It should be compulsory for health and care providers to be monitored, assessed and held to account over the level of care and respect given to their patients, according to leading older people’s charity Help the Aged. The Charity is calling for “Standards for Better Health Framework” to be extended to include 9 measures of dignity, identified by older people as essential to delivering decent quality healthcare.
A new Help the Aged report, “On our Own Terms: The challenge of assessing dignity in care”, explains that all too often for older people, use of health and social care services comes hand in hand with a lack of dignity. The research carried out by the Picker Institute on behalf of the Charity, argues that current measures do not give a clear reflection of the overwhelming lack of dignity in care.
To effectively monitor and assess the dignity of older people using health and social services, Help the Aged wants the following 9 criteria including in the “Standards for Better Health Framework”: read on
This timely report as the Care Quality Commission, the new regulator for health and social care in England prepares to assume its responsibilities from April 2009. I think it is also timely for kidney care – a lot of people with kidney disease are elderly. The report singles end of life care out as a particularly challenging domain to measure. It does however identify a number of toolkits and guidelines for healthcare professionals that have been developed and which provide a good basis for the development of dignity indicators in conservative kidney care. Stephanie Gomm (Consultant Palliative Care Physician, Salford Royal) and Ken Farrington (Consultant Renal Physician, Stevenage) who are leading on the production of a conservative kidney care chapter to complement the national End of Life Strategy, will be examining this aspect of the report in detail and I know that they and the group will be open to other suggestions for indicators and would like to know of work that is going on in this area. We do need more research but we also need to have dignity centre stage in our conservative care planning from the beginning.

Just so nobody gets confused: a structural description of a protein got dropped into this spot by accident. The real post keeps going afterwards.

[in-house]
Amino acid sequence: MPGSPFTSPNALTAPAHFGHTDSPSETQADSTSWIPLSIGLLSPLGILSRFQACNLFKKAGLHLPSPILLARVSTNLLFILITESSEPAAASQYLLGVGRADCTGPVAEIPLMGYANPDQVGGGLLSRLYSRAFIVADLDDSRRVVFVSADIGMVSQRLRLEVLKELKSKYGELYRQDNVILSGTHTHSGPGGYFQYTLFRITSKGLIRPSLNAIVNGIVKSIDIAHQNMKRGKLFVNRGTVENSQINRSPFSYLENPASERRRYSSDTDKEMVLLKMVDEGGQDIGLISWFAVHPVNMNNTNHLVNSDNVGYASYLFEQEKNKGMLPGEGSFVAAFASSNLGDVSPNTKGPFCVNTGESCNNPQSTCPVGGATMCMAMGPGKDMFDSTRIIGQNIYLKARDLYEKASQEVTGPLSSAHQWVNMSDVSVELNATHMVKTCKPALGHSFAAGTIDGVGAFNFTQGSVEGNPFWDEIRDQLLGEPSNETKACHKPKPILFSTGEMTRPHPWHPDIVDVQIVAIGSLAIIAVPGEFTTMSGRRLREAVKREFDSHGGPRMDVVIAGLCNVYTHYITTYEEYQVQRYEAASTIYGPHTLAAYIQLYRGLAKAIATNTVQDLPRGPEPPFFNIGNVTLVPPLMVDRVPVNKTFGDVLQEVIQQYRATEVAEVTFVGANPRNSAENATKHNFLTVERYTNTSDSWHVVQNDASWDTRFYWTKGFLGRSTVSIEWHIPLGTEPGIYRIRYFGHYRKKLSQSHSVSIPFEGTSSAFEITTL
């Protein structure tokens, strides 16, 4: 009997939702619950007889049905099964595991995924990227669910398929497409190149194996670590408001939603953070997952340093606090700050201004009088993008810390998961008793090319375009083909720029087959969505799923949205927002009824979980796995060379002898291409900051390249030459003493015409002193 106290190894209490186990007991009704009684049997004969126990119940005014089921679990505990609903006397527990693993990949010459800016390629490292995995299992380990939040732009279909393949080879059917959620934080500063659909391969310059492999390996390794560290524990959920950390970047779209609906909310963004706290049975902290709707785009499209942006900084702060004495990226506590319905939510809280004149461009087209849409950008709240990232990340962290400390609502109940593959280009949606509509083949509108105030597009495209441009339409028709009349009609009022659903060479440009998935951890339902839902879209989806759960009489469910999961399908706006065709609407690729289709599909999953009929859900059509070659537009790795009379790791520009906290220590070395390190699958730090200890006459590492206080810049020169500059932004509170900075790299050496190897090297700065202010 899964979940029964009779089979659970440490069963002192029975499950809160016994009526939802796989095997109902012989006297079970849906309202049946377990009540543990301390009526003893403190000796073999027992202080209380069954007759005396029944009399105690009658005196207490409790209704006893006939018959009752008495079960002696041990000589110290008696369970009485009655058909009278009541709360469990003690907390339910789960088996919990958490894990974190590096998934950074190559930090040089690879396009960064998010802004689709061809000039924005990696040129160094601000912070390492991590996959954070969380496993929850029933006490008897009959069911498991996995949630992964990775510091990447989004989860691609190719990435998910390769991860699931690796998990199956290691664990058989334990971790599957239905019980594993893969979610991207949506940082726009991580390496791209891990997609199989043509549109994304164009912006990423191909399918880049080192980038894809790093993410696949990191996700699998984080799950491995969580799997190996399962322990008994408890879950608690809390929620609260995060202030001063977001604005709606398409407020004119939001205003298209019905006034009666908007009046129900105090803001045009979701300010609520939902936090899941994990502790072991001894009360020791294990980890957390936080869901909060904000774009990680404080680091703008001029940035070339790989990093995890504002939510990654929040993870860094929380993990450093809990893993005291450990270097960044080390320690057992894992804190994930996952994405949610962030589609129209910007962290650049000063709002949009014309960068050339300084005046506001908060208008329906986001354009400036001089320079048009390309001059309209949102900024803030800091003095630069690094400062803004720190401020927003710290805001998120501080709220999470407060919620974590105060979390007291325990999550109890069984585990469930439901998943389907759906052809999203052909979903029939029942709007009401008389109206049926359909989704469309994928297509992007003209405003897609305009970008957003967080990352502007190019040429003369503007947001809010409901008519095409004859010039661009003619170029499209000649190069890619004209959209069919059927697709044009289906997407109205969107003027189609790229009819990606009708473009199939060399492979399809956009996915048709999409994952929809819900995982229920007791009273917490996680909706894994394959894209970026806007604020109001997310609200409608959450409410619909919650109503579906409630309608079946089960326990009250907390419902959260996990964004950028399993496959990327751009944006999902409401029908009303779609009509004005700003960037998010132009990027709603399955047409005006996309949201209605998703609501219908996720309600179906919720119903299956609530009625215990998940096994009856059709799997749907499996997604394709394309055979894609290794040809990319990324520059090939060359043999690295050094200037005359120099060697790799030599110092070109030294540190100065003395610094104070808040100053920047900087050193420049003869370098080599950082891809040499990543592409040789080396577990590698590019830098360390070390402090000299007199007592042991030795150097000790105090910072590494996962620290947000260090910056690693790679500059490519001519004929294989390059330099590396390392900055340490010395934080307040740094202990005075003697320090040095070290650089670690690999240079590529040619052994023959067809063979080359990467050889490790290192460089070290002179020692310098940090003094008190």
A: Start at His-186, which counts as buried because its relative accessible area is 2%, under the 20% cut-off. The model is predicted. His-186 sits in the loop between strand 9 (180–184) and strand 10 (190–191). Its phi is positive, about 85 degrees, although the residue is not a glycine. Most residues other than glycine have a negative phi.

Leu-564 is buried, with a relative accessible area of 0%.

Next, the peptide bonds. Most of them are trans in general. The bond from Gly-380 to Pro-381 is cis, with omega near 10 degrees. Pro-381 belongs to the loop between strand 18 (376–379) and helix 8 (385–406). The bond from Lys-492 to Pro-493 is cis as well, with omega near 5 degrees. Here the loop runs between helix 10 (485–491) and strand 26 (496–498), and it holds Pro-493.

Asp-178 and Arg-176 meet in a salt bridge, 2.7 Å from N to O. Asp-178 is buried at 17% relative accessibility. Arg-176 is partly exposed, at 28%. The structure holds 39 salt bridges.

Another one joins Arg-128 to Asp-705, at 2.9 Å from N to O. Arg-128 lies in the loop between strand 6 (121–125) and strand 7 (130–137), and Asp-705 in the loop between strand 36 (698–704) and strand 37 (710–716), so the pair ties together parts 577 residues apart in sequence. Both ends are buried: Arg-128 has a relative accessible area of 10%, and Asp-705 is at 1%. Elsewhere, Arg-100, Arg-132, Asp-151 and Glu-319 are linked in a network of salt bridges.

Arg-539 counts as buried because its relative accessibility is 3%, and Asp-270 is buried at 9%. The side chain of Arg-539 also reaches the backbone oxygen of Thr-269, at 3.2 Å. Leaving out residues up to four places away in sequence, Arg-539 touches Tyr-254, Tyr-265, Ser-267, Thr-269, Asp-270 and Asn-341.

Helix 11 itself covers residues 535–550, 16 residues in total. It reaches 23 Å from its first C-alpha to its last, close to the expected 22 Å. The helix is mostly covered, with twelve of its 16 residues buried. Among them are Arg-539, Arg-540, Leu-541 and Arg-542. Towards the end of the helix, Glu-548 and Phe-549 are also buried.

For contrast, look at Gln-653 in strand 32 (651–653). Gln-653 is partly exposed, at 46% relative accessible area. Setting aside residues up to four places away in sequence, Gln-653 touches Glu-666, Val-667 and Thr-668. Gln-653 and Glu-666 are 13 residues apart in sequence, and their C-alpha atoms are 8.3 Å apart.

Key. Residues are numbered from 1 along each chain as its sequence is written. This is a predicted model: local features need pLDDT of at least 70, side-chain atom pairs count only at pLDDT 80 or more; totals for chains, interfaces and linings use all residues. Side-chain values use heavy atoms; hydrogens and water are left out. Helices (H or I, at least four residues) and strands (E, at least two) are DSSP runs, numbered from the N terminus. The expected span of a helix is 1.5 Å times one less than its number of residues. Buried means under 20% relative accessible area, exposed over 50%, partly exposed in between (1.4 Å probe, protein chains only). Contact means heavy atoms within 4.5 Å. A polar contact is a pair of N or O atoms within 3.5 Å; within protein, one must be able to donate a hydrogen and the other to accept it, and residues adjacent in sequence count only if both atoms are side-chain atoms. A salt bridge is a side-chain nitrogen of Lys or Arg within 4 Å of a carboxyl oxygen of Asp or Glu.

Four cross-cutting things were identified within the indicators:
– support to make choices
– personalisation and tailoring care
– respect for individual lifestyle
- preferences and involvement in decision making
- staff attitudes
– respect of all attitudes in relation to all aspects of care
- courtesy and sensitivity in all forms of communication
- availability of and access to appropriate facilities and equipment
- cleanliness of facilities